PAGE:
The young couple lost their $75,000 home deposit in a case that horrified Australians. But now there’s a major development.
The young couple who made headlines after they lost their hard-earned $75,000 house deposit have managed to buy another home almost six months on from the “awful” ordeal.
Last year, Mark Trau, 30, and his fiancee Maddie Goyder, 27, were devastated when the entire 10 per cent down payment for their dream Brisbane house was taken from them.
A combination of “greedy” sellers and a screw up from the couple’s bank created the “perfect storm” which gave the vendors the legal right to renege on the deal while walking away with their $75,000 deposit.
In what is every Australian’s worst nightmare, Mr Trau and Ms Goyder were due to settle a Brisbane property in October last year, but their bank, Westpac, wasn’t ready in time.
The sellers knocked back their plea for an extension to the deadline and ended the contract, then sold to somebody else later that day at a higher price, while also pocketing the deposit.
Now news.com.au can reveal that Mr Trau and Ms Goyder have managed to buy their own home at the end of last month.
However, against the backdrop of the booming housing market — with data released this week showing Brisbane properties rose by an eye-watering 40 per cent last year — the couple were priced out and had to look further afield than they originally intended.
They now reside on the Sunshine Coast, an hour and a half drive away from Brisbane.
“We’re loving it, it seems a little bit surreal,” Mr Trau told news.com.au. “Guess the wild ride worked out for us in the end.”
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Mr Trau and Ms Goyder, who have been together for more than a decade and are due to be married later this year, were looking to buy a home in Brisbane where they could start a family back in September 2021.
The pair were going to fork out $965,000 for a 564 square meter two-storey house in Jindalee, with four bedrooms, two bathrooms, and a pool, before everything went terribly wrong.
Westpac wasn’t ready by the settlement deadline of October 20 and needed an extra 24 hours.
In most other Australian states a two-week grace period is given if a settlement goes under, but at the time this wasn’t the case in Queensland.
The vendors ended up walking away with the couple’s home deposit and sold the house within hours of the purchase falling through for an extra $65,000. In all, the sellers made an extra $140,000 but then claimed to have lost most of it in legal and real estate fees.
“It was part of the money we’d been saving up from the beginning of our working lives,” Mr Trau told news.com.au at the time.
“It [the $75,000] was everything. We’re not from wealthy families. We haven’t had any handouts from family, no second cousin’s aunty has passed away and left us a massive inheritance. We’ve worked hard for 10 plus years.”
However, things have worked out for the couple in the end.
After media intervention, Mr Trau and Ms Goyder were compensated with $100,000 from Westpac. The cost covered the deposit as well as their solicitor fees.
The bank also factored in $5000 each for the stress and anxiety it caused them over the last few weeks.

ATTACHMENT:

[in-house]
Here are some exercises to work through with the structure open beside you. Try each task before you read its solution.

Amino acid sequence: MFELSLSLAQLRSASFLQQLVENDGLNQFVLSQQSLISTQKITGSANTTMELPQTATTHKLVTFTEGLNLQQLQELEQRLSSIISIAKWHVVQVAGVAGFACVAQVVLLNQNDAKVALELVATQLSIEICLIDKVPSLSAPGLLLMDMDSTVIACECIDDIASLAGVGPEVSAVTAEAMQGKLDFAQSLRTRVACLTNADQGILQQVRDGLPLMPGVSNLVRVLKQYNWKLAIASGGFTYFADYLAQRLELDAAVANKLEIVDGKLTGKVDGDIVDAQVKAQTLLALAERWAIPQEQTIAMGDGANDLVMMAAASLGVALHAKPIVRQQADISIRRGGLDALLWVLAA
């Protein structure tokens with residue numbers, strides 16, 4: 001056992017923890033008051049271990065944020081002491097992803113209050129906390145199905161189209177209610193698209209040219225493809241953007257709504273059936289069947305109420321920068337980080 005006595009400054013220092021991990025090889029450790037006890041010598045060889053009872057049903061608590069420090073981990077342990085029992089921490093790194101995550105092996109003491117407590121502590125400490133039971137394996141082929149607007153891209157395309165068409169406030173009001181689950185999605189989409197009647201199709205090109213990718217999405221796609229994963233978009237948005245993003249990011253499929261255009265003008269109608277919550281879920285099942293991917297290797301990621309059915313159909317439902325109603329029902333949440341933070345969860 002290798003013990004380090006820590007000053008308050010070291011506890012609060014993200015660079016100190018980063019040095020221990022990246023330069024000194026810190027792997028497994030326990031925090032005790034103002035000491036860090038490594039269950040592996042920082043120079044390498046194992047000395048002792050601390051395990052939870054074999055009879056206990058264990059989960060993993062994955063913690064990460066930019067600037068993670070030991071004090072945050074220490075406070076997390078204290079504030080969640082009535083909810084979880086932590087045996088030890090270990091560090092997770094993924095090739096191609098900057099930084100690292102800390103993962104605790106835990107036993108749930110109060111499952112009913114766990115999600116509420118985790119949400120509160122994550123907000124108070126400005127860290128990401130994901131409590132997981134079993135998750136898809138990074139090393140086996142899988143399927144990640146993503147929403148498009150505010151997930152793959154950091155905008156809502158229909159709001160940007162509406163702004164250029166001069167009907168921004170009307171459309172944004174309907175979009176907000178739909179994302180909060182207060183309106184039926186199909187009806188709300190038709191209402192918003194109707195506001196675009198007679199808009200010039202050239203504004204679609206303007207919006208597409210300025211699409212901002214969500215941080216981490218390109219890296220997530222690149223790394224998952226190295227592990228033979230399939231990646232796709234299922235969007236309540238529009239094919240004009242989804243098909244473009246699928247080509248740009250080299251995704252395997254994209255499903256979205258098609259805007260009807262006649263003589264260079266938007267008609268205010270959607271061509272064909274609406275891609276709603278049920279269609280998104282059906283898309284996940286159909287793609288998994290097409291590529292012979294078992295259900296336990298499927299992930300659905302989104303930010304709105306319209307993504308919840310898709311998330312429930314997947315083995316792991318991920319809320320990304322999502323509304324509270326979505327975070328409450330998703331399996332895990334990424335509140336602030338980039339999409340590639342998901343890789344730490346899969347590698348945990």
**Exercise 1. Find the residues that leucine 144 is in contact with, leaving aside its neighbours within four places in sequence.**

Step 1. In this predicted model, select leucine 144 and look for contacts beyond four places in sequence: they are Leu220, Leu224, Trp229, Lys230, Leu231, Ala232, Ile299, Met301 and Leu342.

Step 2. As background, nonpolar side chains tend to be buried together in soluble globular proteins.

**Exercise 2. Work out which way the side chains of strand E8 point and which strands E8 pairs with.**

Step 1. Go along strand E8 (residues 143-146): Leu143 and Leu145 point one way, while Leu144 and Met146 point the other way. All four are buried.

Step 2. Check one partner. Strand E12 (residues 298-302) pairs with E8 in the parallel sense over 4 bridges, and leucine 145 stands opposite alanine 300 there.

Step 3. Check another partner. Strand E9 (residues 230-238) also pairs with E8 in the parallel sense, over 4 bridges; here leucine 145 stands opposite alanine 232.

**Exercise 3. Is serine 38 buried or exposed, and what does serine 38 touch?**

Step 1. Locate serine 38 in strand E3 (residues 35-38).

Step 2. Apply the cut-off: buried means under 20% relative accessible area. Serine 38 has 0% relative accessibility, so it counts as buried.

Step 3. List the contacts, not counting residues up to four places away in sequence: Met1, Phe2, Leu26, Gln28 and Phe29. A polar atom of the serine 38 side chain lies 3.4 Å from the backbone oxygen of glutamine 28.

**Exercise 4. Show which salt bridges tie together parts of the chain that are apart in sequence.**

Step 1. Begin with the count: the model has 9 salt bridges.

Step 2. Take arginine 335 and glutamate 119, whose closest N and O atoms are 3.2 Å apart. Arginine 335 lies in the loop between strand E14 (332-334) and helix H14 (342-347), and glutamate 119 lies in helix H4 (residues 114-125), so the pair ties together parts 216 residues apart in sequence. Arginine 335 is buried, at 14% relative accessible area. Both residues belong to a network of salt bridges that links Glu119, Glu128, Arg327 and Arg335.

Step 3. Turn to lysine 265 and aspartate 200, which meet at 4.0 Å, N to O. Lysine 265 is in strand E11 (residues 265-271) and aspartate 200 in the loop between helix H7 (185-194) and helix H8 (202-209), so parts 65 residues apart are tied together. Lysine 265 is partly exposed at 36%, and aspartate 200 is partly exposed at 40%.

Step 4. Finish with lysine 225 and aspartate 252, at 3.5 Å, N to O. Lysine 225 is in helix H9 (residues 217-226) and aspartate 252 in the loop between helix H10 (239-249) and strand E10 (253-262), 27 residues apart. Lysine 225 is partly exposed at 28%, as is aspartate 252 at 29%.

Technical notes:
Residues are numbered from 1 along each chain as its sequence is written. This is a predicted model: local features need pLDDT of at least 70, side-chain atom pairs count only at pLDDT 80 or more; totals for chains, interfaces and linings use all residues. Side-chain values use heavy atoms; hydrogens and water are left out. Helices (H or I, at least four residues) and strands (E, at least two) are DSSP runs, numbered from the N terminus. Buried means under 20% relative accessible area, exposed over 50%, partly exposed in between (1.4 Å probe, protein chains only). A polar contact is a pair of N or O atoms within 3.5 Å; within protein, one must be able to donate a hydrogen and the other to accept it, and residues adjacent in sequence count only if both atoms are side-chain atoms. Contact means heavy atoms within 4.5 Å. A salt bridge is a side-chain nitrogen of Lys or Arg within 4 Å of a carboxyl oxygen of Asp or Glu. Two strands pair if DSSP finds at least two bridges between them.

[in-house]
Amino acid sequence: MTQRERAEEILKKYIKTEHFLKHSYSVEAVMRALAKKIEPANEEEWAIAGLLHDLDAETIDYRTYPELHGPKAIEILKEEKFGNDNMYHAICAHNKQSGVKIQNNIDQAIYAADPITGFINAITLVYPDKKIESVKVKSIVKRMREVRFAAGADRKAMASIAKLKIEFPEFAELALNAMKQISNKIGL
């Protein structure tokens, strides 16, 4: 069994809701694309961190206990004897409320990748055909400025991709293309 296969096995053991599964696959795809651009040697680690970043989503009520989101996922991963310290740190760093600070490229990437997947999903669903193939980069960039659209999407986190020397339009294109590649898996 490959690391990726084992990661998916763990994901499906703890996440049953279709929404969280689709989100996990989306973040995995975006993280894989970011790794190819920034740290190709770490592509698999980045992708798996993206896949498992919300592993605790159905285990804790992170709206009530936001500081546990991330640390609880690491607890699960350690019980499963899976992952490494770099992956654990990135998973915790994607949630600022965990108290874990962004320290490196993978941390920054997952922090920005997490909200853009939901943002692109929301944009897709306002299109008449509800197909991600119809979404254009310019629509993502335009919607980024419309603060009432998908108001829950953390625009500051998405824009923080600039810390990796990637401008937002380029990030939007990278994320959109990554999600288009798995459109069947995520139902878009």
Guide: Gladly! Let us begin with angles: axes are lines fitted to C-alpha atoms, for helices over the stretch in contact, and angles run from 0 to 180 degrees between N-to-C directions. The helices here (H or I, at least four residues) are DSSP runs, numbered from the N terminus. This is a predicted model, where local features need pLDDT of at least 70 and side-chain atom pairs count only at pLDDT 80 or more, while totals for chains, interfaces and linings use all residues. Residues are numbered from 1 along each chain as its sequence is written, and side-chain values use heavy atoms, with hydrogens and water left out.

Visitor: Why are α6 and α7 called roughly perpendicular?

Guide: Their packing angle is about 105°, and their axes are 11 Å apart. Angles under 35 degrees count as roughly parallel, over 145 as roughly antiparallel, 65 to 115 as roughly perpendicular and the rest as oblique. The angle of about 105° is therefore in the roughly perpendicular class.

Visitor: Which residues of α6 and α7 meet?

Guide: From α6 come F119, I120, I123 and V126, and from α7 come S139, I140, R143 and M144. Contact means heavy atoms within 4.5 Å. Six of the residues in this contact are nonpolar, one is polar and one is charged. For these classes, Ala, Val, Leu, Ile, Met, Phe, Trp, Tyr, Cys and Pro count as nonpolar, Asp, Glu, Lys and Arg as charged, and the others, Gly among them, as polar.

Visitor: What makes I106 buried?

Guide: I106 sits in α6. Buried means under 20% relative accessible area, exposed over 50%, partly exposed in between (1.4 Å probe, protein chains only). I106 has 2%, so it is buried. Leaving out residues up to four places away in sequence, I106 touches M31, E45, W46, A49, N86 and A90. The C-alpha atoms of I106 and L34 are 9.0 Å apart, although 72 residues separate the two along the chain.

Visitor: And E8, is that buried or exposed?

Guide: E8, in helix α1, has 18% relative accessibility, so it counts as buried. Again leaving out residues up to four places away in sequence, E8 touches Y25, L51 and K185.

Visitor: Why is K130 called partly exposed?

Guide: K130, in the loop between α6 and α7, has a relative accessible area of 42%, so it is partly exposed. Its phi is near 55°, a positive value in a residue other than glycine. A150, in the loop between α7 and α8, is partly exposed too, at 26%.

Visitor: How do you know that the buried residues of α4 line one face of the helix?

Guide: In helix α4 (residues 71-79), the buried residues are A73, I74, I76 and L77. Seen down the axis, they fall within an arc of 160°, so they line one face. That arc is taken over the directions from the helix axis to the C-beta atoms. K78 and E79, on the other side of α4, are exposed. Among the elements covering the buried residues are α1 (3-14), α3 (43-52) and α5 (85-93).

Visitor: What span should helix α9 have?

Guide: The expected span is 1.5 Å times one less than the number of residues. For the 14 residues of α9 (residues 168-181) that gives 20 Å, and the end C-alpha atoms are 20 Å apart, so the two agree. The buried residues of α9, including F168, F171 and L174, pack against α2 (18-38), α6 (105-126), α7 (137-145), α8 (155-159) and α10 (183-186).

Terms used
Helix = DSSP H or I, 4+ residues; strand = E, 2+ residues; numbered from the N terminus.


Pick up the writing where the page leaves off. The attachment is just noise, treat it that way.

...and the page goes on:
But even with the money back in their pockets, they struggled to re-enter the Brisbane market, with recent data showing that the Queensland capital rose by 40 per cent in the last 12 months to March this year.
Mr Trau previously said “The market is moving so fast, we’re being left behind with what we can afford.”
So instead they settled in the Sunshine Coast suburb of Buderim, which puts them near a rainforest and the beach.
“We ended up settling in a place for $940,000 and Westpac helped a bit with a better fixed rate because they had jumped up since the Brisbane house,” Mr Trau said.
Their new home has four bedrooms and two bathrooms like the Brisbane property. While it has no pool, unlike the Brisbane property, it is on a slightly larger block with a great view.
For the property purchase this time around, Mr Trau and Ms Goyder opted for a 45-day settlement — which is much longer than normal but gave them piece of mind that they wouldn’t have another crisis on their hands.
They are now living in the house along with their dog.
“We’re getting married in Noosa in August,” he added. “It’s all coming together.”
In the months since Mr Trau and Ms Goyder lost their home deposit, the rules in Queensland have changed to protect other home buyers from being stung in the same way.
News.com.au reported on the Real Estate Institute of Queensland (REIQ) releasing a new edition of the Houses and Land and Residential Community Title.
The changes came into effect earlier this year, on January 20.
Although Queenslanders still don’t have a full two week grace period, property sellers or buyers in the state are now allowed a maximum of five extra business days to get their settlement in order.
The buyer or seller who can’t meet the deadline must apply for an extension in writing before 4pm on the day they were meant to settle.
More than one extension notice may be given but the settlement date nominated in the notice cannot be later than five business days after the original day.
It is a contractual right, which means the person asking for an extension cannot be denied.
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